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Aquatic and Soil Environment

Science that studies water and soil pollution

Approaches from macro and micro viewpoints

Water and materials circulate between the atmosphere, hydrosphere, geosphere and biosphere, i.e., the four spheres that form the earth. This laboratory investigates the geochemical cycles of toxic substances (e.g., trace elements including heavy metals) in the environment from a macro viewpoint that treats these four spheres as one system. In contrast, mechanisms of soil pollution by heavy metals are studied from a micro viewpoint. Moreover, this laboratory addresses local environmental problems in Shizuoka Prefecture. These researches contribute to the assessment of environmental risks and the development of environmental monitoring and mitigation measures. Field work is important in the achievement of our researches. Practical environmental science is learnt through the performance of sampling and chemical analysis.


1. Long-range transport of trace elements from the Asian continent.
In Japan, there have been increasing environmental concerns associated with the long-range transport of air pollutants from the Asian continent owing to the economic expansion of China. We evaluated the impact of coal burning in China on the wet deposition fluxes and concentrations in precipitation of trace elements using boron isotopes as a tracer of emissions from coal burning.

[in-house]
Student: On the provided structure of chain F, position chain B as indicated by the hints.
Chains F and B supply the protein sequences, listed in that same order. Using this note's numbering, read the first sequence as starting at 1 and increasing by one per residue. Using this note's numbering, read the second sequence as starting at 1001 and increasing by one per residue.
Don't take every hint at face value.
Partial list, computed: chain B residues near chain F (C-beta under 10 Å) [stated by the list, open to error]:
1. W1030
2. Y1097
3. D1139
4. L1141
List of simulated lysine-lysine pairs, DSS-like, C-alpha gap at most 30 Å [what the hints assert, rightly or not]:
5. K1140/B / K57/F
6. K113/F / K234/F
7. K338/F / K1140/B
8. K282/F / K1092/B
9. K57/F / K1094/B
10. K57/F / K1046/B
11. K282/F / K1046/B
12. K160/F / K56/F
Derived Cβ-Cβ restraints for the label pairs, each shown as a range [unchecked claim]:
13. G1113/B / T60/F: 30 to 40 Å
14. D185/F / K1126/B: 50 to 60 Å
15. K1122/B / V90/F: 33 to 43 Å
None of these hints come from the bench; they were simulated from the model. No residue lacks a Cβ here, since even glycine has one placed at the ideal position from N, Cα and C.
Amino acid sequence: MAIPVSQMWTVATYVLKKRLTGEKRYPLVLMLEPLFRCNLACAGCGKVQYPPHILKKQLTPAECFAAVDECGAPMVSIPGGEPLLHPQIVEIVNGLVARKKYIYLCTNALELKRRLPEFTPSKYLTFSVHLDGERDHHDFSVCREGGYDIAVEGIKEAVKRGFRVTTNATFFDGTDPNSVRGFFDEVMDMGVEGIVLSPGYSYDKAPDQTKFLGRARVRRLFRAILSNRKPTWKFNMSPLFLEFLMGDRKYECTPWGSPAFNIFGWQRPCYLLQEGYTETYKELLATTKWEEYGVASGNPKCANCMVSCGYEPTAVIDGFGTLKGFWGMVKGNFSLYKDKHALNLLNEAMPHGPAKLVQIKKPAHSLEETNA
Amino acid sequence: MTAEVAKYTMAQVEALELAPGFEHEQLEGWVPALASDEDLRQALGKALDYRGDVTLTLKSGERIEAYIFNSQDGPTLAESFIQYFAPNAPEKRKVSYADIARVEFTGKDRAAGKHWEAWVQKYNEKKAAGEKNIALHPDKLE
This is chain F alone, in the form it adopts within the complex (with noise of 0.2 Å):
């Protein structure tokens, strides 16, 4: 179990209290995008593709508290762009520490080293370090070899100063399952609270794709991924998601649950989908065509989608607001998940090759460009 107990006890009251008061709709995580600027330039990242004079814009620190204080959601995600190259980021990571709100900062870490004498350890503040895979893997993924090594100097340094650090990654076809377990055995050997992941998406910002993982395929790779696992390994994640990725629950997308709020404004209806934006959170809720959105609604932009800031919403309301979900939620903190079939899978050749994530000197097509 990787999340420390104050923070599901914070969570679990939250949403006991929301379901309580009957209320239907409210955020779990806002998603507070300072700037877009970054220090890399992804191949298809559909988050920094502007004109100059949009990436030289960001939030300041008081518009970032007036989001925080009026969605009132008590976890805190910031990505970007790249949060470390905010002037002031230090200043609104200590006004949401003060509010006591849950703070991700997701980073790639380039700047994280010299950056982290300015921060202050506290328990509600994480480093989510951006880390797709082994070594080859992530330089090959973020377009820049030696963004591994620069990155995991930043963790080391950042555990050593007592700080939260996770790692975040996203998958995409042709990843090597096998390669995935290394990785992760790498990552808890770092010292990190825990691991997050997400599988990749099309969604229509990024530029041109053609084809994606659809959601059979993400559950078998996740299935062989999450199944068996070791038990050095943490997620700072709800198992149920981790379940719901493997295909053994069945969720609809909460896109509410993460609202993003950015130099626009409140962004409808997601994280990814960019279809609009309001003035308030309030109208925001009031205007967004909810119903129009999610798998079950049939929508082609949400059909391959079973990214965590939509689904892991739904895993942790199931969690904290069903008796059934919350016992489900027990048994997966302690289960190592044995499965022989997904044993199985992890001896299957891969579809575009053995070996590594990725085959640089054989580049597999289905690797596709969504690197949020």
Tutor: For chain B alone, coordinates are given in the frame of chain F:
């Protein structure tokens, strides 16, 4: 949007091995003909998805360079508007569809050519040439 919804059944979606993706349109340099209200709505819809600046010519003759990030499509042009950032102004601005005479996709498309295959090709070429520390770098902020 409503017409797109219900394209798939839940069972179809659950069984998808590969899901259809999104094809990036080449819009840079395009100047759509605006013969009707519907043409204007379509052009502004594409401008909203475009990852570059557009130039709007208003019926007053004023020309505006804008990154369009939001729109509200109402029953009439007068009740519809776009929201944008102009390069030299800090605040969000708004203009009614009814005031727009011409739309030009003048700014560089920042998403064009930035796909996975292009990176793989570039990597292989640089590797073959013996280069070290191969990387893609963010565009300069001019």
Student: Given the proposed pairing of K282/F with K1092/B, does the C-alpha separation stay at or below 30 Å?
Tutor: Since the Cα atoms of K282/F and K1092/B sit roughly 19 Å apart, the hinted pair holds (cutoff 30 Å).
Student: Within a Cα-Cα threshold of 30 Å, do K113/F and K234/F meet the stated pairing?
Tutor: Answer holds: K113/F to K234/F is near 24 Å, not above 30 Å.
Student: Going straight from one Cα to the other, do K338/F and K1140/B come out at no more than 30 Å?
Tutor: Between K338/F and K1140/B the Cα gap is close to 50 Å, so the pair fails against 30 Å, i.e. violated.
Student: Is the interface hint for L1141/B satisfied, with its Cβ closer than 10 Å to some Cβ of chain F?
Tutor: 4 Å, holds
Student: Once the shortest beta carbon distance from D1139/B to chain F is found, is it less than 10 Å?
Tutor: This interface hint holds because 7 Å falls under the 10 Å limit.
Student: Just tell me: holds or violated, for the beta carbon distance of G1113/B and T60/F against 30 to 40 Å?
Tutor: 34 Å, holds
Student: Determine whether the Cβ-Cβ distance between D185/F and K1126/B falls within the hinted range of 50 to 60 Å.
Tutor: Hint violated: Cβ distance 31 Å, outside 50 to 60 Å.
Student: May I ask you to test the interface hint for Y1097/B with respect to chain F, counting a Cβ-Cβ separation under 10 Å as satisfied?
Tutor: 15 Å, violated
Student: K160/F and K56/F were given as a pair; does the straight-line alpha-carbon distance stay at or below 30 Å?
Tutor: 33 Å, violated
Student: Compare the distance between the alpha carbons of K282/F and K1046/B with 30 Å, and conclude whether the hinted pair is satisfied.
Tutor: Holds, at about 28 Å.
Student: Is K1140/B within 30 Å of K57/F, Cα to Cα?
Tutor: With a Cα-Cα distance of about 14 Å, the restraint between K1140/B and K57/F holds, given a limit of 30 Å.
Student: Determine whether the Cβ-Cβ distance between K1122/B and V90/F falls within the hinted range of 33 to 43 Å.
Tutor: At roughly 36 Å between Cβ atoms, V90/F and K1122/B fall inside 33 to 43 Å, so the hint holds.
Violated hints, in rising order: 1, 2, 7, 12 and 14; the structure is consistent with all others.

2. Mass balance and sources of trace elements in Tokyo Bay.
Understanding the loads and sources of toxic substances in aquatic environments is essential for the evaluation of their environmental risks and the preservation of ecosystems. We have investigated the mass balance and sources of trace elements in Tokyo Bay.
3. Mineral(loid)-microbe interaction in aquatic environments.
We investigate behaviors of metals and metalloids in the natural environments with direct speciation by synchrotron-based analytical technique. By coupling the synchrotron analysis with a molecular biological technique, the interaction between the metal(loid)s and microbes such as bacteria are also studied from both chemical and biological aspects.

Professor

Masahiro SakataPhD
TEL.+81-54-264-5729

Professor

Asami MashioPhD

TEL.+81-54-264-5728

Details are here

http://opt12507.u-shizuoka-ken.ac.jp/top.html

 

Figure.1

Seasonal variations in wet deposition flux and concentration in precipitation for lead (upper) and boron isotope ratio of precipitation (lower).

Figure.2

Microscale elemental maps of soil particle contaminated by arsenic.

References

  1. Environ. Sci. Technol. 38, 2190–2197 (2004)
  2. Atmos. Environ. 39, 3139–3146 (2005)
  3. Atmos. Environ. 41, 1669–1680 (2007)
  4. Environ. Sci. Technol. 44, 1281–1287 (2010)
  5. Environ. Sci. Technol. 44, 3712–3718 (2010)
  6. Environ. Sci. Technol. 46, 3304-3311 (2012)
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